Photos taken during the Anti-Racism rally at London's Trafalgar Square on Saturday 19th March 2016.

Are political activists being demonised?

The metro station was busy, it was rush hour. As we turned the corner, heading towards the barriers, a swarm of riot gear and muscles caught our gaze. Covered in black uniform and speaking sternly in French, it was intimidating to say the least. Locking on to our environmental activism signs and stickers, they surrounded us and backed us up against the wall. Afraid and unable to communicate, I had to silently submit and allow the gang of police to shout at me, pat me down and search through my belongings. As a dirty hippy, I should expect this, should I not? I did not feel protected, I felt demonised.

The NUS President Malia Bouattia, who is no stranger to controversy, has offended quite a few right wingers with her ‘preposterous’ claims that hippies are getting a hard time. In an interview with The Guardian she claimed that political activists are being demonised as a result of the government’s ‘Prevent Agenda’, and students are being targeted for joining activist groups. Basically, if we’re not careful we’re all going to be stalked on Facebook for liking the Amnesty International page and going along to the Free Palestine pub crawl.

It’s not news that activists are targeted. The idea of equality and human rights is just too much for stiff upper lip politicians to handle, and we all know how angsty they got over the student protests. Edinburgh University struggled to swallow divestment protests, protecting the security firm that tackled one student by his throat and cracked sexist and threatening jokes at the others. However, this spans further than the cobbled streets of George Square.

Across the pond, Colin Kaepernick refused to stand up for the American national anthem before an N.F.L game in August. Since then, all his friends have jumped on board, and are refusing to sing before games. Ironically, the Black Lives Matter activist has been labelled as racist on Twitter for condemning police brutality. Twitter has also been the medium by which the athletes have received death threats and harassment. Once again, attention has been diverted from the cause to the individual – negatively.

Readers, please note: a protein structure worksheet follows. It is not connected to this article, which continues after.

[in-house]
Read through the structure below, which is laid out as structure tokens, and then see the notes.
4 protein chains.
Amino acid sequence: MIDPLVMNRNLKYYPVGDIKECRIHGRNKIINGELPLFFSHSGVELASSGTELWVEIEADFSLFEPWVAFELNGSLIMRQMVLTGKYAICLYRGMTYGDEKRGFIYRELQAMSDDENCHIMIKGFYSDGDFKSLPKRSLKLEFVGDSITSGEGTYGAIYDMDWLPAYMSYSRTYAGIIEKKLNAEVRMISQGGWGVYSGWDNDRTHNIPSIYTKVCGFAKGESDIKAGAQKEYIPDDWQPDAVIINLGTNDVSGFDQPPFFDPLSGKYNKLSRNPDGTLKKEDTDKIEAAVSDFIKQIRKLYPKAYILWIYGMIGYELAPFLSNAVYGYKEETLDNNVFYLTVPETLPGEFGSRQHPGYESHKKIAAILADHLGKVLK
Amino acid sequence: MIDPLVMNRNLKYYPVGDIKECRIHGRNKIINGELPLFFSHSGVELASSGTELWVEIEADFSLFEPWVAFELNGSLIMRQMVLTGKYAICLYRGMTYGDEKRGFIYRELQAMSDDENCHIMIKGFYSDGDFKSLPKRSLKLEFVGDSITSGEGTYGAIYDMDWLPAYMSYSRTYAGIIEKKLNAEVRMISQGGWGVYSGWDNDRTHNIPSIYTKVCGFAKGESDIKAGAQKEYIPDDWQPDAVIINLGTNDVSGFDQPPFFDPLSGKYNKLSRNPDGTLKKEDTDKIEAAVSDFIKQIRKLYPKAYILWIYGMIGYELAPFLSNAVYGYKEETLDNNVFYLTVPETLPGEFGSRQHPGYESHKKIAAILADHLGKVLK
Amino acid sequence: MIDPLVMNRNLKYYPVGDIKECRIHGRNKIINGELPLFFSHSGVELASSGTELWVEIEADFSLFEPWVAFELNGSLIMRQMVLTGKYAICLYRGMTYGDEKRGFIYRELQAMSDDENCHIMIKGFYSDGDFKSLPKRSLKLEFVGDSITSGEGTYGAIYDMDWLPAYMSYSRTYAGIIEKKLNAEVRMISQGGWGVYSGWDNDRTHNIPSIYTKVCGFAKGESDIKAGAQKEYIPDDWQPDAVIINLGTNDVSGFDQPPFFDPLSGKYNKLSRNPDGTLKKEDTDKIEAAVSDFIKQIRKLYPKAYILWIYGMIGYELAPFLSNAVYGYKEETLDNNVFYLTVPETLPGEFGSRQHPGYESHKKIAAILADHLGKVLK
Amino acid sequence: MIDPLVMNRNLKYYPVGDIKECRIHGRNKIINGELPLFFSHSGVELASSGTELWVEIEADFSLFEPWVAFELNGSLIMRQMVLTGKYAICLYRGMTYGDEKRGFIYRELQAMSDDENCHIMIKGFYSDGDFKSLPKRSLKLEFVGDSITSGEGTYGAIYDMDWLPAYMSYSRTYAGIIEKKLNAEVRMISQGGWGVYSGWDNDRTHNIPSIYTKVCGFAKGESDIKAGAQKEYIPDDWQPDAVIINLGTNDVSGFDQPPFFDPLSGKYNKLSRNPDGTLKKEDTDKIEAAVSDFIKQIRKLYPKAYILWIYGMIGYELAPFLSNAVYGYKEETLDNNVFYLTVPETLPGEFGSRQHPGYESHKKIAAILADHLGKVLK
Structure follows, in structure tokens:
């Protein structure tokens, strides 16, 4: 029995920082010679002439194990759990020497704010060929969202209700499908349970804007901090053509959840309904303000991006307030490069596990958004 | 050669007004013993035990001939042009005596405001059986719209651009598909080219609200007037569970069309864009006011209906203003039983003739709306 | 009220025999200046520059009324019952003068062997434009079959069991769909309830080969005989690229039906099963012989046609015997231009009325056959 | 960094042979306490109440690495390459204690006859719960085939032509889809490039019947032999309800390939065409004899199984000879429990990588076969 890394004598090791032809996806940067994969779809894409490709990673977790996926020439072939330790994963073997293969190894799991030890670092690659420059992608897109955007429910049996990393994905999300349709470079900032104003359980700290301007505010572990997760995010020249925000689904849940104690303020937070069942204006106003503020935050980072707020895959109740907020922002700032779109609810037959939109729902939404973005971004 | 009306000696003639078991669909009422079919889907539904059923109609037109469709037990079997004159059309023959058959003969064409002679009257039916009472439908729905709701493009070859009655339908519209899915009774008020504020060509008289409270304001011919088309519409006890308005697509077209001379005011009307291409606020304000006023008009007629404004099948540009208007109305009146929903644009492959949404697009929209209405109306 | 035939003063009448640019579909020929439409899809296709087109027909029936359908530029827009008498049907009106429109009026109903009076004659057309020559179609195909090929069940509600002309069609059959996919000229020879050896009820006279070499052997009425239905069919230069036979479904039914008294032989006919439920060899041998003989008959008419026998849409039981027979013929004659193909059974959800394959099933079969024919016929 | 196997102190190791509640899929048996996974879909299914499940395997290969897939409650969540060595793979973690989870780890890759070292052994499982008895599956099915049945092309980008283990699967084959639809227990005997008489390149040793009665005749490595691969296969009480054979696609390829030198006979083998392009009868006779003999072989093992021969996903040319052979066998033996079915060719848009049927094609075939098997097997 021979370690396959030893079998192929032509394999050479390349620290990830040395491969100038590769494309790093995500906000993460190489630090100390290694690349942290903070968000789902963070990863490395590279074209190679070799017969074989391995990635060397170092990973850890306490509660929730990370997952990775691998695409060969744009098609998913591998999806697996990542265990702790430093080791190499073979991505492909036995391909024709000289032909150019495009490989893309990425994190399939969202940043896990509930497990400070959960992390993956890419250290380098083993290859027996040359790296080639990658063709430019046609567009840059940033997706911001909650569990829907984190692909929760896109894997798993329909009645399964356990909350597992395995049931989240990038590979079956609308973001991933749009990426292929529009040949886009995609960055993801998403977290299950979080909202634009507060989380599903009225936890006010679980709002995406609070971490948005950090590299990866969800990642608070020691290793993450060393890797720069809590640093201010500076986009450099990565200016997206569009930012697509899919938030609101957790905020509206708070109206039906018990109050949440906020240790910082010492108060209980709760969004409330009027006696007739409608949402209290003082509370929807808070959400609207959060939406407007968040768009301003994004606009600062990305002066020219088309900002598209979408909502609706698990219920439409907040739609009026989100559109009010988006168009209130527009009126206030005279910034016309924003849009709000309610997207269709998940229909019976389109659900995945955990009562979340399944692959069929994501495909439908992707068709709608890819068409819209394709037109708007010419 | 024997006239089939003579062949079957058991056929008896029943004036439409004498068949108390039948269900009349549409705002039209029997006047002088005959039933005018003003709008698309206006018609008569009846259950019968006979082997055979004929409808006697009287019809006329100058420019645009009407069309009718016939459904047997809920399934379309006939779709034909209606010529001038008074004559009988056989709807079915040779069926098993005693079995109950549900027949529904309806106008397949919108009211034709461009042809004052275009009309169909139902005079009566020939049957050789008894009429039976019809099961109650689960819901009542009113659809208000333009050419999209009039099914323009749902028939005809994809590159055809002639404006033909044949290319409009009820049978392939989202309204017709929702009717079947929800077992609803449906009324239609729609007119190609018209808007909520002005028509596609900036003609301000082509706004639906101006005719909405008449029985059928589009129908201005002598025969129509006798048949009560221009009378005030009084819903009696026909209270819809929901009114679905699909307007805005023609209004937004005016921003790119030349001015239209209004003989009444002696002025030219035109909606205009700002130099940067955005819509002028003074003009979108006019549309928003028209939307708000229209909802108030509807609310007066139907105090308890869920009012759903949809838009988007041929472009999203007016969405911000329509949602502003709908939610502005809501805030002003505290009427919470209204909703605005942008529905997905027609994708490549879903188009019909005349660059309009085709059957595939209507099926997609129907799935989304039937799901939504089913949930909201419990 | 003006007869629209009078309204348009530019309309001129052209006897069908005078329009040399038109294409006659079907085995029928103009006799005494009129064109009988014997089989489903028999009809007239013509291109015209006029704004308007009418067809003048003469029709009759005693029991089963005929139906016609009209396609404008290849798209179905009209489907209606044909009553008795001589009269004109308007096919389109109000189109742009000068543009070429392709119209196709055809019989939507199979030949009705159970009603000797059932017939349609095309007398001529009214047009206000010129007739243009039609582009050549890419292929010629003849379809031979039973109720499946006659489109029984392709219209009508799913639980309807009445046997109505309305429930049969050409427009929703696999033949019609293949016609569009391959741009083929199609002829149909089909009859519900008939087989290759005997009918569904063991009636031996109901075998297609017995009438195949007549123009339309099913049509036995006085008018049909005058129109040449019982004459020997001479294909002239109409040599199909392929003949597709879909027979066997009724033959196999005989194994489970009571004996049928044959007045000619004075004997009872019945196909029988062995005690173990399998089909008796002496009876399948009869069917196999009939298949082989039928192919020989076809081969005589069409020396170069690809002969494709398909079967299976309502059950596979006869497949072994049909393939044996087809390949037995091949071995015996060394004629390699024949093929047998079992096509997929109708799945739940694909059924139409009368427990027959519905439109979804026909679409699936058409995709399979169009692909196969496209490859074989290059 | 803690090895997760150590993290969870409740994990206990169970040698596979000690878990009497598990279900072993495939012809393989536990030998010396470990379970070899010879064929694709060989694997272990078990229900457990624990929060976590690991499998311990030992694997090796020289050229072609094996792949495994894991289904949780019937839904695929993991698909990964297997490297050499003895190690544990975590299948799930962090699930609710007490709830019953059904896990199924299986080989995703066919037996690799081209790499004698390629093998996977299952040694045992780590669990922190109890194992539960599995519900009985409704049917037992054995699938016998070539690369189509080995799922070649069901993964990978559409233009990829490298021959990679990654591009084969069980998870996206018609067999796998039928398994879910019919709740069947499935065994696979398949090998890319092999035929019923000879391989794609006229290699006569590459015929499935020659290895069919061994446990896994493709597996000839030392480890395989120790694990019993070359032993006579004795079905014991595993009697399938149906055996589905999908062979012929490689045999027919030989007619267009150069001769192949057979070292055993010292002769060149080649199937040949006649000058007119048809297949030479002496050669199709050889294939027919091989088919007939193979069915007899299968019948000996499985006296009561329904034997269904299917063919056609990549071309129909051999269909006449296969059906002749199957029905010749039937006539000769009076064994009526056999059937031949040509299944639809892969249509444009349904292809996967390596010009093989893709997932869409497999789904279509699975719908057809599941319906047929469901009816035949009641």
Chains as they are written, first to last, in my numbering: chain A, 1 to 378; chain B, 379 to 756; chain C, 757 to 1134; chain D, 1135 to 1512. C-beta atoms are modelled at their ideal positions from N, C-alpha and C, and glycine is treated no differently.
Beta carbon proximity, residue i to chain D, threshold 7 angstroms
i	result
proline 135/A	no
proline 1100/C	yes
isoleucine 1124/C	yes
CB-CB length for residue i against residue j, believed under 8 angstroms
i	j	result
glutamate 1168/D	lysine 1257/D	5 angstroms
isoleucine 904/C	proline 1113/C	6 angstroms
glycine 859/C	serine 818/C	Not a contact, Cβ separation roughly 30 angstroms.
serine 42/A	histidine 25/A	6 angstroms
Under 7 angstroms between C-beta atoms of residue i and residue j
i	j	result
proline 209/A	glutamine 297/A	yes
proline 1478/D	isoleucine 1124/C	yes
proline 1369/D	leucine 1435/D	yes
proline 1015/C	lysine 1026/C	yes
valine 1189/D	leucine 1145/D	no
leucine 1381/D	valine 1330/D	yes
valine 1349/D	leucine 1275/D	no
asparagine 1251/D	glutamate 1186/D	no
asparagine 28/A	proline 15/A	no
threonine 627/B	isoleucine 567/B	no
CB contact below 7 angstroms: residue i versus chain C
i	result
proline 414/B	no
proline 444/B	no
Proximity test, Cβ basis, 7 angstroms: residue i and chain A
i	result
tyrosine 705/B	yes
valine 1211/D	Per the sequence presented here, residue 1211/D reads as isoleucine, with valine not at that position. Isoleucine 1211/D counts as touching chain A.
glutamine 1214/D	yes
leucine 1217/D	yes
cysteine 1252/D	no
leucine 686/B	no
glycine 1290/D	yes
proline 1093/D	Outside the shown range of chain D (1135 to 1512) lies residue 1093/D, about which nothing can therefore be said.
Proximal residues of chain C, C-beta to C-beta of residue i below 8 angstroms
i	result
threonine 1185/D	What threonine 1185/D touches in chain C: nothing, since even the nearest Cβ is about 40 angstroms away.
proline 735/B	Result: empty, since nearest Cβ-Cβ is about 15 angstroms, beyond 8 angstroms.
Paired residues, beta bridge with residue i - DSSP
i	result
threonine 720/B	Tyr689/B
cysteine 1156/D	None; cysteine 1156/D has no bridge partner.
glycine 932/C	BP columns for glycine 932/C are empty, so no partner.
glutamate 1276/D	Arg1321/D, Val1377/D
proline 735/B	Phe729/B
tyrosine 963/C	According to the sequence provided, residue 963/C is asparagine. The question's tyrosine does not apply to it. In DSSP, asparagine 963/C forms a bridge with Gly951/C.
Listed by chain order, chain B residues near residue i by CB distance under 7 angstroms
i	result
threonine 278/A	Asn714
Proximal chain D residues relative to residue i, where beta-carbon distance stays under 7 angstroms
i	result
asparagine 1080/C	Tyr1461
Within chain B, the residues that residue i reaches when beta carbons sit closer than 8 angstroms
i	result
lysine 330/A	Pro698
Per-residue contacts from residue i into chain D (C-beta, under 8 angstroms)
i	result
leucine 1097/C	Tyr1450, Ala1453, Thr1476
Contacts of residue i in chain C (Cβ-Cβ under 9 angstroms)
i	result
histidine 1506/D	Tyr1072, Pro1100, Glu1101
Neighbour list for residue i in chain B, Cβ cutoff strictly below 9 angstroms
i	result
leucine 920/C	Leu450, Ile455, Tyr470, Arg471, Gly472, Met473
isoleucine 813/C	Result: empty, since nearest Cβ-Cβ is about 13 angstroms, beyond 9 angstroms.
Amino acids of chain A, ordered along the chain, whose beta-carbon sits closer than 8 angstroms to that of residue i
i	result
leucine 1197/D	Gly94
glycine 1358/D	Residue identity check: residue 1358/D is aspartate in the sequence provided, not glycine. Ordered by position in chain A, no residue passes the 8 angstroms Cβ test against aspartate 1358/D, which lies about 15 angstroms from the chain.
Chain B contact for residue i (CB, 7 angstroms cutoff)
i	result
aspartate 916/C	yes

The sextremist group ‘FEMEN’, who are best known for making men uncomfortable by protesting topless, have also suffered a backlash of abuse in response to their protests. The media has relentlessly labeled the movement as violent and aggressive, ignoring the manifesto completely, meanwhile members have been allegedly kidnapped and tortured by the KGB in Belarus – apparently a perfectly acceptable retaliation against nipples.

The perception of activists as ‘trouble-makers’ has submerged itself in our subconscious as a result of a much smaller number of violent riots. The line between aggressive and peaceful protests is apparently too thin for us to distinguish. I’m sure we have all heard excuses about why political activists are seen as dangerous, or why it is easy to get confused between a mob and a march. If we have the ability to report on contemporary issues and activism, then we have the ability to tell the difference between a peaceful protest and a violent one. In short, if we can report, then we can report accurately.

Liberal activists have historically been treated as suspicious and targeted by governments. With an apparently thin line between peaceful protests and violent ones, it seems that everyone is targeted. With society fed fears of radicalisation, you wonder if carrying your anti-animal testing Lush tote bag is suddenly ‘too’ political. We must fight to break down the barriers and preconceived notions of activism, and continue our liberal movements. I know it’s annoying when you have 6 heavy Lidl shopping bags and a stranger dressed in hemp is trying to talk to you about trees, but if we didn’t have brave people marching up and down the royal mile in the rain, we’d still be earning less than men and fighting for LGBTQ equality – oh wait.

Image: Garry Knight

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The Student Newspaper 2016